If one place could claim to really encapsulate this country's identity, spirit and history, it's Jajce. And to most people, Jajce is this view. Looking at it reminded me a little of tourist t-shirts that show an artistic rendering of all the key sites in a country. A composite that could place the Empire State Building side by side with the Statue of Liberty, whose making eyes at the guys of Mount Rushmore from behind the Golden Gate Bridge. It's like a celebratory diorama. Bosnia and Herzegovina = water! forests! castles! Medieval churches! Ottoman mosques! the prettiest hillside houses you've ever seen! They're all right there, piled above the town's very own set of waterfalls. It would be almost twee if it weren't Bosnia.
As a taxi driver told us on our third day in the country, "We have a war
every fifty years. It's tradition!" While that's not precisely true,
it's pretty close and Jajce has characteristically played a significant
part in each. Piled up behind and cascading down around the beloved waterfalls that have witnessed it all are reminders of all different chapters. The 13th century fortress crowns the town, apropos of its status as capital and royal residence of the Bosnian kingdom beginning in the 1420s. St. Luke's Tower, illuminated on the left side of the skyline, harkens back to this time. It's the only in tact Medieval Tower on the Balkan Peninsula and was the location of the coronation of the last Bosnian king. It has been idiosyncratically attached to the side of a mosque since the 1520s, when Ottomans destroyed the church but knew that the historic tower was worth saving.
Across from St. Luke's sits the entrance to the royal catacombs. It's an underground church, complete with nave, altar and the now-emptied tombs of noblemen, built in the 15th century in just about the final years of the Bosnian kingdom. The Ottoman Empire was swooping in and the Austro-Hungarian Empire grabbed a hold of Jajce and successfully protected it for around 60 years. Then, in 1527, Jajce was the very last town in all of Bosnia to fall to the Ottomans. Like everywhere else, this rule lasted about five centuries - at the end of which, Jajce became Austro-Hungarian once more. Unlike many other places, though, both sides cherished this town. It never fell into neglect, was not ignored or forgotten. It retained some of its former-capital luster and in the years before World War I it was treated to an updated road system and modern infrastructure in the surrounding region.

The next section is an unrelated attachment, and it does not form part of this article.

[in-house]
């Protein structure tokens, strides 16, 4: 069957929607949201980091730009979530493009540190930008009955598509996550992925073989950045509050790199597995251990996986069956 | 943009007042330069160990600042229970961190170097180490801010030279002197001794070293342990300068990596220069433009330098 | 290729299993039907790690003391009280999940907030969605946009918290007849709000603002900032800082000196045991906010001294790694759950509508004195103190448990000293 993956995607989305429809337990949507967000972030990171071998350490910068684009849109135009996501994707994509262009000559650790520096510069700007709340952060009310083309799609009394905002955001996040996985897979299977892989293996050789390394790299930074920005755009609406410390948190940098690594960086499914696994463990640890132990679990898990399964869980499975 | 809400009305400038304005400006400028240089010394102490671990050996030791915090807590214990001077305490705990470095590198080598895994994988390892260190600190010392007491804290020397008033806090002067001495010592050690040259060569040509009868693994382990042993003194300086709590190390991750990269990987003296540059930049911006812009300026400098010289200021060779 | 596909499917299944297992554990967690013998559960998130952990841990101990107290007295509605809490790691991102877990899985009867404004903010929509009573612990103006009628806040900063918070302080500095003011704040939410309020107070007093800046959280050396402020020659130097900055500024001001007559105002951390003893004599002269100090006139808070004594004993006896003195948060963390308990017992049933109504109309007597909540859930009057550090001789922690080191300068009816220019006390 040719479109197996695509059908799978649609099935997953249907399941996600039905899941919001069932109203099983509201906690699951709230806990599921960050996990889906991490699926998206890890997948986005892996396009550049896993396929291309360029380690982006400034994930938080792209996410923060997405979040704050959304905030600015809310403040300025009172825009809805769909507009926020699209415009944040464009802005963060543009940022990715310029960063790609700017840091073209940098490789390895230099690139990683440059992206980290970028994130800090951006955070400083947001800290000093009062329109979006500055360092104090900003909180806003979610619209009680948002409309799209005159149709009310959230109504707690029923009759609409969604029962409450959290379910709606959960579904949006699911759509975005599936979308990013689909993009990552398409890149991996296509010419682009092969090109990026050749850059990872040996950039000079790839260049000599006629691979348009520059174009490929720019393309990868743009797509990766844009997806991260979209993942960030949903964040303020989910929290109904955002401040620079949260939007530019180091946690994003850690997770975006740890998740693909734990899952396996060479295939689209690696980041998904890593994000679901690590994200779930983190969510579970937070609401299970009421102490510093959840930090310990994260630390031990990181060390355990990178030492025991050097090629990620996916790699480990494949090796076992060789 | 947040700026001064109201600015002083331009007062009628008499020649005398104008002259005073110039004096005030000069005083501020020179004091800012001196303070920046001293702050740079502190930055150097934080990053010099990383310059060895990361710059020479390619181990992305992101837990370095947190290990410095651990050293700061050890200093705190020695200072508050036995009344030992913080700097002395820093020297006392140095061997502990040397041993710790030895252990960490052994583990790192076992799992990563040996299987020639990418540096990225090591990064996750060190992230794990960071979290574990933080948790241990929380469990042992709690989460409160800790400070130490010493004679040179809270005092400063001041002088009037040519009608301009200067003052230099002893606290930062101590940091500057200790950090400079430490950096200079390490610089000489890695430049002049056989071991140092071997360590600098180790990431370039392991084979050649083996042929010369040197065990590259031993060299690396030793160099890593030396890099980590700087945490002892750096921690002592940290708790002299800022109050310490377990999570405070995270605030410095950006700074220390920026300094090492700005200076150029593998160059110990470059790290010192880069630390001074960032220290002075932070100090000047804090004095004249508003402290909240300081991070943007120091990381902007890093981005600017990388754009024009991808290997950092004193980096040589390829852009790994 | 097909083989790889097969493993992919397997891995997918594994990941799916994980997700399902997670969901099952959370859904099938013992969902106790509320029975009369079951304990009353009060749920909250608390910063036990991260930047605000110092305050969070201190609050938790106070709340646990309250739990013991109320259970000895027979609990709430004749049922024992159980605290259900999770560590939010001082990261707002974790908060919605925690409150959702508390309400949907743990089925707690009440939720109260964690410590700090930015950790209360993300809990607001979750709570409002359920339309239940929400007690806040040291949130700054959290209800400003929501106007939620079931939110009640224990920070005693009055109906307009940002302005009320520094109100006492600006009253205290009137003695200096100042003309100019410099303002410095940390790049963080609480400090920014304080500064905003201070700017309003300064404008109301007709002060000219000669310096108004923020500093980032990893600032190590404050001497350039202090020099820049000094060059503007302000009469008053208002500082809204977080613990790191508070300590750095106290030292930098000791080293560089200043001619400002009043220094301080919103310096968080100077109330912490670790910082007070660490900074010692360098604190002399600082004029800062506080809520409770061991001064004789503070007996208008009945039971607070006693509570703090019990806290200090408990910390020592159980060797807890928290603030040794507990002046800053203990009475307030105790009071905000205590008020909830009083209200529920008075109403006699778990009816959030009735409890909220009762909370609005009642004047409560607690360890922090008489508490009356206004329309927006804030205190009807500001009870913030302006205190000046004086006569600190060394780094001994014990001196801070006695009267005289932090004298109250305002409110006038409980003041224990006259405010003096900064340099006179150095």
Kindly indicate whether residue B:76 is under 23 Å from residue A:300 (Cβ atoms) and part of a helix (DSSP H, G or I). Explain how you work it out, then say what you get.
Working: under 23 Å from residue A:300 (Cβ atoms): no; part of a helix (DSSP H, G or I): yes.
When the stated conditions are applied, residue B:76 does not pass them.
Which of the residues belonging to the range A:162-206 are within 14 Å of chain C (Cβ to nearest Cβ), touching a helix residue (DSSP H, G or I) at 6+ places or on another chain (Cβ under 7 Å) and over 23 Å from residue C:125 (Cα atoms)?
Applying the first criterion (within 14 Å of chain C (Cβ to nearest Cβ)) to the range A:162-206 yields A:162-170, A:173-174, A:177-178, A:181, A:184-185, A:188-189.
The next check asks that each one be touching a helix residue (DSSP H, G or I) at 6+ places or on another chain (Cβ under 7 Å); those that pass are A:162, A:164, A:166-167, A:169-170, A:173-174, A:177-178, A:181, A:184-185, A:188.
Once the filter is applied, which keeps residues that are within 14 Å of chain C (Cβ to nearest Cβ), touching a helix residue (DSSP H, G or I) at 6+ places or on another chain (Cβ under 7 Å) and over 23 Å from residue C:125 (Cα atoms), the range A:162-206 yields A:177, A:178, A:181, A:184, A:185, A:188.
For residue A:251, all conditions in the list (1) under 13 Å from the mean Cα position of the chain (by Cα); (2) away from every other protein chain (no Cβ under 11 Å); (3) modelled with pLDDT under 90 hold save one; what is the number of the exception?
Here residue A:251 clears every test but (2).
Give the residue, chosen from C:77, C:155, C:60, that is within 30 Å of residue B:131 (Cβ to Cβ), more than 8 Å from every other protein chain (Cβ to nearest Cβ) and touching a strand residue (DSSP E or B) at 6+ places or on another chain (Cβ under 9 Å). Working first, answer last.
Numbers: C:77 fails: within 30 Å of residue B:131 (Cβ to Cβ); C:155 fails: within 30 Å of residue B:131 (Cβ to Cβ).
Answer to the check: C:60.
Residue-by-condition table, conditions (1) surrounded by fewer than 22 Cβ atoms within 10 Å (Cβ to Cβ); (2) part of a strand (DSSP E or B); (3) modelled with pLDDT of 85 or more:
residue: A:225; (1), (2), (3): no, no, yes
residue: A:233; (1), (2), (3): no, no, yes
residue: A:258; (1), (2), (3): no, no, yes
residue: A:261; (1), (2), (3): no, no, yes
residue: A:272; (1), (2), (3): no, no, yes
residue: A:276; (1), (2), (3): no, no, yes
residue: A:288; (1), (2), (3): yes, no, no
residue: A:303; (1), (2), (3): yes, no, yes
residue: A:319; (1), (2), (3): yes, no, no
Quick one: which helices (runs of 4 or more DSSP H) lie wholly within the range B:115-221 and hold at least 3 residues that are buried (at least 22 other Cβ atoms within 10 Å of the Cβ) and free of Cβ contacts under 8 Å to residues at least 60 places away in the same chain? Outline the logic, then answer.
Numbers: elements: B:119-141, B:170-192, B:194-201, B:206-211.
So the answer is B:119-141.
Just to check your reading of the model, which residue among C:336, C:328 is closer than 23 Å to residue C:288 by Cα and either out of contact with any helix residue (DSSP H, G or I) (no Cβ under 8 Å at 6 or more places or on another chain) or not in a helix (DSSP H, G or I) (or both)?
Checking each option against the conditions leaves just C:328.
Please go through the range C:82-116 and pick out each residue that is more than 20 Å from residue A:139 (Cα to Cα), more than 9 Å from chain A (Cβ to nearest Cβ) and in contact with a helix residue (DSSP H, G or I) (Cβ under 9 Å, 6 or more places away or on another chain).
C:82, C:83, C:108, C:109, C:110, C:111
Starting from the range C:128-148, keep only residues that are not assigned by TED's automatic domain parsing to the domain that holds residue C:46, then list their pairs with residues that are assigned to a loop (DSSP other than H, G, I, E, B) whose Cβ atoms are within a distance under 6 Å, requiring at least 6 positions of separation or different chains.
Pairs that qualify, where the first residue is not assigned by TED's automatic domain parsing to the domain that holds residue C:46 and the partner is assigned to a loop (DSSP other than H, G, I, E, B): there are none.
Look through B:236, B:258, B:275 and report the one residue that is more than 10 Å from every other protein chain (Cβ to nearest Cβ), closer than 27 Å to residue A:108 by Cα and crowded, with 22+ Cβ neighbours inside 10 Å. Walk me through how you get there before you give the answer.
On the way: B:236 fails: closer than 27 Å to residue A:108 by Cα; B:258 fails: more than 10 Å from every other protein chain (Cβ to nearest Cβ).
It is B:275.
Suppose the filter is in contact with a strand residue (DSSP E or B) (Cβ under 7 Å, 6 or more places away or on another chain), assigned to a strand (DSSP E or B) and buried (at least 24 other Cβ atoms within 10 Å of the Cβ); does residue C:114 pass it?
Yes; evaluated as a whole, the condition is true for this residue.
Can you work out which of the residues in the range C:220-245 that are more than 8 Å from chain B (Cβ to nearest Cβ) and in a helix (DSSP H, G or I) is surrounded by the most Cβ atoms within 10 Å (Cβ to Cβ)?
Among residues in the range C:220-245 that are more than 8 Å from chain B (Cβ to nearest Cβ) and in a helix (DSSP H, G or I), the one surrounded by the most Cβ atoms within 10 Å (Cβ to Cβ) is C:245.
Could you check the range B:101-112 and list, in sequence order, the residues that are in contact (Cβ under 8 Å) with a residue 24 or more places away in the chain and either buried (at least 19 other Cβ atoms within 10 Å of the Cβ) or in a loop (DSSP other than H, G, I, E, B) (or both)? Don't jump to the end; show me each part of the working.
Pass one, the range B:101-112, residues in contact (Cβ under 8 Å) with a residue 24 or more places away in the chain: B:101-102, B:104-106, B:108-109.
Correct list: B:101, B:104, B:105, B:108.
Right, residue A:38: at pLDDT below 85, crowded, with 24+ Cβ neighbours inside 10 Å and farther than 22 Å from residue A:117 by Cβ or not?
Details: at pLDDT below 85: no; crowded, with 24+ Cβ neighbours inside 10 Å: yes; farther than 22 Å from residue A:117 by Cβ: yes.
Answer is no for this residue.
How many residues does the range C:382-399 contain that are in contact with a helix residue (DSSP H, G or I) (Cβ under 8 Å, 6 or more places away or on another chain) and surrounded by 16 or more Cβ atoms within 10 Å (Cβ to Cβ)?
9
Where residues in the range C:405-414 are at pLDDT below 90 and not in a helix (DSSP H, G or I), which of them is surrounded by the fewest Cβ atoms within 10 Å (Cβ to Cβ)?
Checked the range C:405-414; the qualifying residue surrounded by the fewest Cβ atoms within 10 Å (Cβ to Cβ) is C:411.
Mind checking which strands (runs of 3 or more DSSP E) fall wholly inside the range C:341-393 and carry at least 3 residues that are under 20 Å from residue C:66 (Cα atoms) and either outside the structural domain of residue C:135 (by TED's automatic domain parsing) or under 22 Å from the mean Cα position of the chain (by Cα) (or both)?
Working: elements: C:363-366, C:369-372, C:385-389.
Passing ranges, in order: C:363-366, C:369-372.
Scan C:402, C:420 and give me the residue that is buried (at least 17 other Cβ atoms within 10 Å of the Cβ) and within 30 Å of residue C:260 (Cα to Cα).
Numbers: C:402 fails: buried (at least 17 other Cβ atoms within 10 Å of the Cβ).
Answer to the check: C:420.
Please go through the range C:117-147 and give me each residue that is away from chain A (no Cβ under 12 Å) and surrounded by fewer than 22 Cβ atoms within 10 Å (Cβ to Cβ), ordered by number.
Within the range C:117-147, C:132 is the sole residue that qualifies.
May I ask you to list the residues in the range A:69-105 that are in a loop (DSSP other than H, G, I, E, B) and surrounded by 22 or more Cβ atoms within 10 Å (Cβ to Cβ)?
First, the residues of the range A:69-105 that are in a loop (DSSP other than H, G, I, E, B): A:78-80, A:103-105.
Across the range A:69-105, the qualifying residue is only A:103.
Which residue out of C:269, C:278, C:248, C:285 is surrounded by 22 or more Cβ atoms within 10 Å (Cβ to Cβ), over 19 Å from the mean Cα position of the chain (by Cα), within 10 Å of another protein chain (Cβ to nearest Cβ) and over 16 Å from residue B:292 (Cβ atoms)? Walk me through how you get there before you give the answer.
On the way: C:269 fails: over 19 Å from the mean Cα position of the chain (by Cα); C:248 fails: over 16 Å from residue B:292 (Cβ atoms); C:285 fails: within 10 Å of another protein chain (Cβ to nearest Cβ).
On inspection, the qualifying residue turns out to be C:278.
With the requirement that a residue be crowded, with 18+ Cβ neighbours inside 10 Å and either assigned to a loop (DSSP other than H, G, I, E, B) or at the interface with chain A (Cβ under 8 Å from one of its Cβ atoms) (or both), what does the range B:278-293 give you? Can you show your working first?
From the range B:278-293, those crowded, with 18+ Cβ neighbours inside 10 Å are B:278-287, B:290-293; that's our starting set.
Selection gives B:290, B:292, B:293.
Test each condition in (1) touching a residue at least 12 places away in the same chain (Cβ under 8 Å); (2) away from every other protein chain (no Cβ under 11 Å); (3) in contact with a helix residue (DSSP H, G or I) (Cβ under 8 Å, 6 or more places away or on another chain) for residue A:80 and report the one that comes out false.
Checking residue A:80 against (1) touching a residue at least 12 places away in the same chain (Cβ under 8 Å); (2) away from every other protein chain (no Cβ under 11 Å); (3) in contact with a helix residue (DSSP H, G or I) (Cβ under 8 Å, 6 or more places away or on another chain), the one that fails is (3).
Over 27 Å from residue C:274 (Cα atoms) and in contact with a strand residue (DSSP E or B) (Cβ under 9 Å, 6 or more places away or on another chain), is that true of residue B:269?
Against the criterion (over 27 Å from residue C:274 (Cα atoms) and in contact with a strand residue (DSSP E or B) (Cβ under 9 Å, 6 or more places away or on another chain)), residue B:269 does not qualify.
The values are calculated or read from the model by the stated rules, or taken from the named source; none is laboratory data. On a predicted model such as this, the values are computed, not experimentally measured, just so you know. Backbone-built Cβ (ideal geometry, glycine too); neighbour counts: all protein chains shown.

The next chapter of Bosnia and Herzegovina's life came, of course, with another war. It was the big war - and the big turning point. And, of course, Jajce was right there at the center of it. In 1943, during World War II, the Anti-Fascist Council of National Liberation of Yugoslavia (AVNOJ) met and drew up the documents that would outline the new state of Yugoslavia. Tito's Yugoslavia. A museum has been created where this took place, but we found out about it after closing hours. Instead, we visited the small, but bright Ethnographic Museum. A television set up amongst costumes and ancient pottery showed a video about wedding rituals. Three vignettes played on loop, about Catholic, Muslim and Orthodox rituals, respectively.
At ANVOJ, Bosnia and Herzegovina proclaimed itself "neither Serbian nor
Croatian nor Muslim, but rather Serbian Croatian and Muslim" and
guaranteed brotherhood, freedom and equality for all three people. In
the next fifty years, Jajce's population reflected this sentiment, just
as its steepled and minaretted skyline does. Of course, the war
challenged this very principle and Jajce was placed in its familiar